Would you or your marketing pass the ‘pencil test’?

The "pencil test" is seemingly simple... but just wait until you try it.

The “pencil test” is seemingly simple… but just wait until you try it.

As I was coming up in copywriting, I took a real perception-altering course. All of my assignments were given and critiqued by top direct response copywriters in the business. Yes, I paid a pretty penny for this—one that my near-entry-level salary couldn’t really afford—but I was glad I did it. I still think about those lessons.

One of the toughest parts of the course was something called the “pencil test.” The task, at first, seemed simple: We took out a pad, and made two columns. We labeled the left column, “Features,” and the right, “Benefits.”

Then, the instructor gave me a pencil. An ordinary, yellow, number-two pencil—exactly like the ones you used in school.

He told us to write a feature of the pencil in the left column and its benefit in the right.

For just a refresher, a feature is a characteristic of a product or service. For example, the pencil is yellow. The benefit is the advantage that someone gets from that feature. So, a yellow pencil makes it easier to find in a crowded drawer.

The goal was to come up with as many features/benefits as we could for the pencil, in a given amount of time (I think it was half an hour).

Of course, I came up with the first several combos pretty effortlessly…

  • The ridged body of the pencil (feature) helps it stay put on your desk (benefit)
  • The handy eraser (feature) takes away mistakes in a few strokes (benefit)
  • The granite point (feature) can be used sharpened or dull for different effects and needs (benefit)

Then, I suddenly started running out of mental lead. Straining a bit, with a thin film of perspiration forming on my brow, I finally eked out another…

  • The pencil sharpens (feature), so you can use it over and over for crisp writing (benefit).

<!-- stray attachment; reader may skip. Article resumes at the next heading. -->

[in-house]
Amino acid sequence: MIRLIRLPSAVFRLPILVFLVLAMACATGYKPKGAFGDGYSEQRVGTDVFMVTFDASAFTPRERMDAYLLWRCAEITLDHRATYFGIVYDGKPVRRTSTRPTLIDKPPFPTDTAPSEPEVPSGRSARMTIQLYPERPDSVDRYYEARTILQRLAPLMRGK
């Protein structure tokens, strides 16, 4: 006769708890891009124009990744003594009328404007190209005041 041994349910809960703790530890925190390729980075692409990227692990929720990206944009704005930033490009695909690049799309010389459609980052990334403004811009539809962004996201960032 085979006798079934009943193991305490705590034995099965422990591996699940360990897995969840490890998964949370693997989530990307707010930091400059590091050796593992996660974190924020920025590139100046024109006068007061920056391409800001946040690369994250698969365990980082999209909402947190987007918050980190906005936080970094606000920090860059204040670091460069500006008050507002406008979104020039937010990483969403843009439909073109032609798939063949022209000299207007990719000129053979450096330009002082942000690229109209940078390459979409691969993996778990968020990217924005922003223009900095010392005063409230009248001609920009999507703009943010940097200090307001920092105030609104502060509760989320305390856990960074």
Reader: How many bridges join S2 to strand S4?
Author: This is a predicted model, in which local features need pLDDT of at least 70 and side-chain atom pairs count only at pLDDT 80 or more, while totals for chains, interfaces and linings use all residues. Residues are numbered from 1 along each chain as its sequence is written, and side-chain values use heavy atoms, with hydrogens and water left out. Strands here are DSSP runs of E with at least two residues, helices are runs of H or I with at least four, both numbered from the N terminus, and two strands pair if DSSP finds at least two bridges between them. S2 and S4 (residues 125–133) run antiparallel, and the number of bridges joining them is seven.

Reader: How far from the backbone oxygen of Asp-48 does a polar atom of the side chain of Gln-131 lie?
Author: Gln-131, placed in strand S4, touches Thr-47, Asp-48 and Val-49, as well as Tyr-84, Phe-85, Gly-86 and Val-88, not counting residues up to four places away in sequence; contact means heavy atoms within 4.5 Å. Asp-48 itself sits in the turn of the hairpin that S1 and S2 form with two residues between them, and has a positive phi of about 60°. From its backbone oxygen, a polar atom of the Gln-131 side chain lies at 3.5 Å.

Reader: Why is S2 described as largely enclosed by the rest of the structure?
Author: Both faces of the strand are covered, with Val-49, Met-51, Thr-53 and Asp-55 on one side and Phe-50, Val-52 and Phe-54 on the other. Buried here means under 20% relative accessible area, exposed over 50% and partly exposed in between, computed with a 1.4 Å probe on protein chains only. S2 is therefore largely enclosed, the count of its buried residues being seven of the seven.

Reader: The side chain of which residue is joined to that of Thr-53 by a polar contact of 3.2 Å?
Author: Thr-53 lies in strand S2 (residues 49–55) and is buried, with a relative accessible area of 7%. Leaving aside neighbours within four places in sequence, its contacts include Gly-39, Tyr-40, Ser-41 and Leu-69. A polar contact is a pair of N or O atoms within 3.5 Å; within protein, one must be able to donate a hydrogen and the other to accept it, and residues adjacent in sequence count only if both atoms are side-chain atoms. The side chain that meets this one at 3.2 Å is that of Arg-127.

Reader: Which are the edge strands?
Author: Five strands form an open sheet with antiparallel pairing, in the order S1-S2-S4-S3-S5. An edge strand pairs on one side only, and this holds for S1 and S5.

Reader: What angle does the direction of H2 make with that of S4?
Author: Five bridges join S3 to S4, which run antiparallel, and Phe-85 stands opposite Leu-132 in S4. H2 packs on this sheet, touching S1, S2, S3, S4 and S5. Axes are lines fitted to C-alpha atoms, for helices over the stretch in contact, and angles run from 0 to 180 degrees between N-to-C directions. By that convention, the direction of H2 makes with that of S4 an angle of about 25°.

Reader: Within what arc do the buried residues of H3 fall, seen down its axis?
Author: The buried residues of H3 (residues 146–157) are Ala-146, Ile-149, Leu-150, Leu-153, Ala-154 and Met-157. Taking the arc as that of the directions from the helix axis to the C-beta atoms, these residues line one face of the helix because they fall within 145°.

OK, not my best work.

I labored to squeeze out a few more, and by that time, the teacher wanted us to share our list with our classmates.

I ranked a smidge above average in the exercise. Some hardly got past the basic features, while others delved into the emotional benefits of the pencil, flipping features and benefits or even doubling benefits…

  • No need to feel insecure ever again (benefit)… you can obliterate your mistakes (benefit) with the built-in eraser! (feature)

Talk about feeling insecure. I was pretty early in my career, but I realized I had a way to go to match some of the marketing heavyweights in the class.

Which brings up an important point for you. As a marketer, you’re probably very familiar with the features and benefits of your product. But, have you truly hunkered down and explored ALL the possible ones?

Just an FYI… no one in that class had more than a dozen features/benefits. Then the teacher told us that some superstar, way back, actually came up with more than 100. That’s one amazing pencil!

In next week’s blog, I’ll share four different ways of looking at the benefits of your product or service.

– Andy Badalamenti is the creative director for CI-Group

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